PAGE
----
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The physiology of marriage 1 HTML version

He amused himself with this little axiom and passed a whole week in
delight, grouping around this harmless epigram the crowd of ideas
which came to him unconsciously and which he was astonished to find
that he possessed. His humorous mood yielded at last to the claims of
serious investigation. Willing as he was to take a hint, the author
returned to his habitual idleness. Nevertheless, this slight germ of
science and of joke grew to perfection, unfostered, in the fields of
thought. Each phase of the work which had been condemned by others
took root and gathered strength, surviving like the slight branch of a
tree which, flung upon the sand by a winter's storm, finds itself
covered at morning with white and fantastic icicles, produced by the
caprices of nightly frosts. So the sketch lived on and became the
starting point of myriad branching moralizations. It was like a
polypus which multiplies itself by generation. The feelings of youth,
the observations which a favorable opportunity led him to make, were
verified in the most trifling events of his after life. Soon this mass
of ideas became harmonized, took life, seemed, as it were, to become a
living individual and moved in the midst of those domains of fancy,
where the soul loves to give full rein to its wild creations. Amid all
the distractions of the world and of life, the author always heard a
voice ringing in his ears and mockingly revealing the secrets of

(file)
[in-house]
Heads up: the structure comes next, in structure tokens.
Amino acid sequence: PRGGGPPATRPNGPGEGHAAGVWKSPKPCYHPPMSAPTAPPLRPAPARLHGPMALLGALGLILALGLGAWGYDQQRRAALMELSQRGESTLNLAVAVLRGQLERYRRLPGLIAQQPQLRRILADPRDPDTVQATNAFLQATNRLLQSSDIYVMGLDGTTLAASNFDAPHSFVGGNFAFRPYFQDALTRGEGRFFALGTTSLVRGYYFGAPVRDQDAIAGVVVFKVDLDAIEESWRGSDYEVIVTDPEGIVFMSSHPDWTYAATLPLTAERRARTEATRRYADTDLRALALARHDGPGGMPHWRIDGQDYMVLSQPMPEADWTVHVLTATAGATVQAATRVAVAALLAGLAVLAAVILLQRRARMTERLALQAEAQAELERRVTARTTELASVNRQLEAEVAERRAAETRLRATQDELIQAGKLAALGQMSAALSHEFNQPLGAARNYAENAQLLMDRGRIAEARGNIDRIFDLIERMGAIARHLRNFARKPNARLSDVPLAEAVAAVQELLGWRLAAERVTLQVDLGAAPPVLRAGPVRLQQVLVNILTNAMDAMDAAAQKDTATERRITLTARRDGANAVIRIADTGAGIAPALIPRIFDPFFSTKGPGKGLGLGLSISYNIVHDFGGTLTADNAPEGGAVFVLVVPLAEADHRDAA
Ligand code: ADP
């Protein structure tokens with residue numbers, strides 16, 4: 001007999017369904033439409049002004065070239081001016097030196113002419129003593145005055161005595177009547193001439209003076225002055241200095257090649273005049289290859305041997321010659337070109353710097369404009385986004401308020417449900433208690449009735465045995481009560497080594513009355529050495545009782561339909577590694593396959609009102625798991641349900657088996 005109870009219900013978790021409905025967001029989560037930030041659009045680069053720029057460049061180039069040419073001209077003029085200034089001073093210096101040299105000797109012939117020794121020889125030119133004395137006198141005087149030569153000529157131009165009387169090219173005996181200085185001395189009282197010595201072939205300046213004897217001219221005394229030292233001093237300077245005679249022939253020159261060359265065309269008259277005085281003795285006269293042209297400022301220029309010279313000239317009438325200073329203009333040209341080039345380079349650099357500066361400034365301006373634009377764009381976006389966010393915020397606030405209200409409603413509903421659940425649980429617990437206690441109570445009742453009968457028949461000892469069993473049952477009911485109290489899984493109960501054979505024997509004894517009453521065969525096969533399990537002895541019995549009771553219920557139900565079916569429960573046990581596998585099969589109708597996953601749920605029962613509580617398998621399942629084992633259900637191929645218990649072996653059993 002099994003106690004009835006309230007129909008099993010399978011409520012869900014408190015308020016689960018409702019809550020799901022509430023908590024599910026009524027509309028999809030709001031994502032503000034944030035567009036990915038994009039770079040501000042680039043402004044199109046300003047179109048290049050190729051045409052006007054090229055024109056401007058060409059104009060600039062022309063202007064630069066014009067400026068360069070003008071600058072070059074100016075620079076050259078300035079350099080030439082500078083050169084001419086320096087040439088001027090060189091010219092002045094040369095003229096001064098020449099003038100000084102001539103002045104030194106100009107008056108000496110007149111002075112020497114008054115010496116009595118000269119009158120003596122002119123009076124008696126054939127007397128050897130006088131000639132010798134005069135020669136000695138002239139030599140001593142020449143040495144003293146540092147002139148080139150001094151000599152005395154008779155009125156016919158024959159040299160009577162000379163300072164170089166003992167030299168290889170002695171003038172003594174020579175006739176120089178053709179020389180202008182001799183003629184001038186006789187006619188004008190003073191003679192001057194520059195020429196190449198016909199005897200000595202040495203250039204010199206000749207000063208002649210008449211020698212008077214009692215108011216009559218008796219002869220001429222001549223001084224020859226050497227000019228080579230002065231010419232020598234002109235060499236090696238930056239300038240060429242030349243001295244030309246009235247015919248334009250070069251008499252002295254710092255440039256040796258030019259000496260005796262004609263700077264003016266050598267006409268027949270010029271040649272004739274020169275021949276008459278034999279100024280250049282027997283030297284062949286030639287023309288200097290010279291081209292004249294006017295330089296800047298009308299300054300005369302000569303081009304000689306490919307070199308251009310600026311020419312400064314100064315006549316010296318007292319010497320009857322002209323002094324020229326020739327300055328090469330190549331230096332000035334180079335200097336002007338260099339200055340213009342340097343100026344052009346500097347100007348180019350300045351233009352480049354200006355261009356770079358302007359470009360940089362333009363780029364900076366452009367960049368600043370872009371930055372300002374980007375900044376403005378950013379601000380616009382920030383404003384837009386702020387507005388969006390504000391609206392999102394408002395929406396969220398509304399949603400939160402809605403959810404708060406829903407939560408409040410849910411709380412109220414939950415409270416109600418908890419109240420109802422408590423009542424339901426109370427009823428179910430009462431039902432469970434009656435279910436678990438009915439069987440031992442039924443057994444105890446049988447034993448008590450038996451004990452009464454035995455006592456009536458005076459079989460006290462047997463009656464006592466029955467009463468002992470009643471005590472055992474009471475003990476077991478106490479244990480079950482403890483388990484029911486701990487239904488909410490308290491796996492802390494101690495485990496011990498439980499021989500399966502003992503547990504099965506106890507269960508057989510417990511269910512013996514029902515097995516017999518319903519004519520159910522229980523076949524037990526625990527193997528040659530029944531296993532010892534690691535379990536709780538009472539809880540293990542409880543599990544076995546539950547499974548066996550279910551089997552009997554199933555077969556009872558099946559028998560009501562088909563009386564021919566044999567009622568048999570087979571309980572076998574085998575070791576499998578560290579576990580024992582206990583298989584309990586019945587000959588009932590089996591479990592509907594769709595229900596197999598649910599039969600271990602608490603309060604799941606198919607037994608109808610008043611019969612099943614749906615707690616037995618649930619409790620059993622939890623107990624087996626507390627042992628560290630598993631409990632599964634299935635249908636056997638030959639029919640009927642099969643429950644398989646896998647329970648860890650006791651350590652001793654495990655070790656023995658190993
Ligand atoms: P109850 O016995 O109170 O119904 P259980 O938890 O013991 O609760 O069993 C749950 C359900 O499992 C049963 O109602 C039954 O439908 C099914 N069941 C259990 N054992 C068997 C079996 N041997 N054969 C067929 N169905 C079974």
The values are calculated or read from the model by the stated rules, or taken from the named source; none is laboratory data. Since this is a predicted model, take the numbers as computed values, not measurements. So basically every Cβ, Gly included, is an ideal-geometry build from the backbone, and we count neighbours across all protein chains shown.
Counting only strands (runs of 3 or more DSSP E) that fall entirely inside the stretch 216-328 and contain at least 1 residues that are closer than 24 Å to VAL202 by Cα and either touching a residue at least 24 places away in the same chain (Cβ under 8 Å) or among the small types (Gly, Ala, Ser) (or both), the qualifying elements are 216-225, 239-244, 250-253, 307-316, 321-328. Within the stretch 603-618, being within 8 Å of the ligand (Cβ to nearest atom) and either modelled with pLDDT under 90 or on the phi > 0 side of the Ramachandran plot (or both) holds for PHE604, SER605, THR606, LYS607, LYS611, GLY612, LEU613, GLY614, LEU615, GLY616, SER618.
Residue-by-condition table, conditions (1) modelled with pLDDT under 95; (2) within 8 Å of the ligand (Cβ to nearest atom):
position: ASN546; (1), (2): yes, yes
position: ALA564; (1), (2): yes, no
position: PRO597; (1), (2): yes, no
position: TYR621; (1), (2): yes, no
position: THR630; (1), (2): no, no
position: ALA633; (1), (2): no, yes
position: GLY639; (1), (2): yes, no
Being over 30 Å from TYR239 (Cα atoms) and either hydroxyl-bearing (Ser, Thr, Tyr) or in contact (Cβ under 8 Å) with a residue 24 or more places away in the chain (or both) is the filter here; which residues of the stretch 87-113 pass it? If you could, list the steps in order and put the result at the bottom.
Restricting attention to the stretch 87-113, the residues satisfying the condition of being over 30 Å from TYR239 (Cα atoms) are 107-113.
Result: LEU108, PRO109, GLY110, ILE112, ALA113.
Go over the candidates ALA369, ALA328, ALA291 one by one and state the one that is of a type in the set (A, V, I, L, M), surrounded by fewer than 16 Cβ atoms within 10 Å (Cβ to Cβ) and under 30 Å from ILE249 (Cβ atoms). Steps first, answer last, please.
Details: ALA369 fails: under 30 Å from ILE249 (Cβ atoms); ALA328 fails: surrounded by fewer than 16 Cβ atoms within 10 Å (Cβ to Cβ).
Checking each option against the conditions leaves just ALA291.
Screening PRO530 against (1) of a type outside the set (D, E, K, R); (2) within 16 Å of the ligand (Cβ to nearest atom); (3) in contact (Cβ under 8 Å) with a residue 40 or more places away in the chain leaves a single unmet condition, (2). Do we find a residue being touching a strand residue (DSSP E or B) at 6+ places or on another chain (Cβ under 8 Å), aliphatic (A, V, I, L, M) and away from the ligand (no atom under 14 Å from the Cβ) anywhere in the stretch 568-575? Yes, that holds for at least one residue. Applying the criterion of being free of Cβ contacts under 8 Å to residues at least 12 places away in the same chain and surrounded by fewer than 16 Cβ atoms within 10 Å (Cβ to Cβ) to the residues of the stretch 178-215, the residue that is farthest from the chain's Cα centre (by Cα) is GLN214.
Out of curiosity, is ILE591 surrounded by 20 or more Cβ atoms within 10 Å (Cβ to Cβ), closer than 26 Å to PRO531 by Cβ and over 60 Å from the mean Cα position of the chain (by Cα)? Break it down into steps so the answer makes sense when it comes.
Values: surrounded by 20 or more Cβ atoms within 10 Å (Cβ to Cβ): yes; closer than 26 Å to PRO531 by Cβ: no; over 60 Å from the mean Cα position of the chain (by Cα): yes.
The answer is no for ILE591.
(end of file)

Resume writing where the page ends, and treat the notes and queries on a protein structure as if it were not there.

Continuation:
things at the very moment he was watching a woman as she danced,
smiled, or talked. Just as Mephistopheles pointed out to Faust in that
terrific assemblage at the Brocken, faces full of frightful augury, so
the author was conscious in the midst of the ball of a demon who would
strike him on the shoulder with a familiar air and say to him: "Do you
notice that enchanting smile? It is a grin of hatred." And then the
demon would strut about like one of the captains in the old comedies
of Hardy. He would twitch the folds of a lace mantle and endeavor to
make new the fretted tinsel and spangles of its former glory. And then
like Rabelais he would burst into loud and unrestrainable laughter,
and would trace on the street-wall a word which might serve as a
pendant to the "Drink!" which was the only oracle obtainable from the
heavenly bottle. This literary Trilby would often appear seated on
piles of books, and with hooked fingers would point out with a grin of
malice two yellow volumes whose title dazzled the eyes. Then when he
saw he had attracted the author's attention he spelt out, in a voice
alluring as the tones of an harmonica, _Physiology of Marriage_! But,
almost always he appeared at night during my dreams, gentle as some
fairy guardian; he tried by words of sweetness to subdue the soul
which he would appropriate to himself. While he attracted, he also
scoffed at me; supple as a woman's mind, cruel as a tiger, his
friendliness was more formidable than his hatred, for he never yielded
a caress without also inflicting a wound. One night in particular he
exhausted the resources of his sorceries, and crowned all by a last
effort. He came, he sat on the edge of the bed like a young maiden
full of love, who at first keeps silence but whose eyes sparkle, until
at last her secret escapes her.
"This," said he, "is a prospectus of a new life-buoy, by means of
which one can pass over the Seine dry-footed. This other pamphlet is
the report of the Institute on a garment by wearing which we can pass
through flames without being burnt. Have you no scheme which can
preserve marriage from the miseries of excessive cold and excessive
heat? Listen to me! Here we have a book on the _Art_ of preserving
foods; on the _Art_ of curing smoky chimneys; on the _Art_ of making
good mortar; on the _Art_ of tying a cravat; on the _Art_ of carving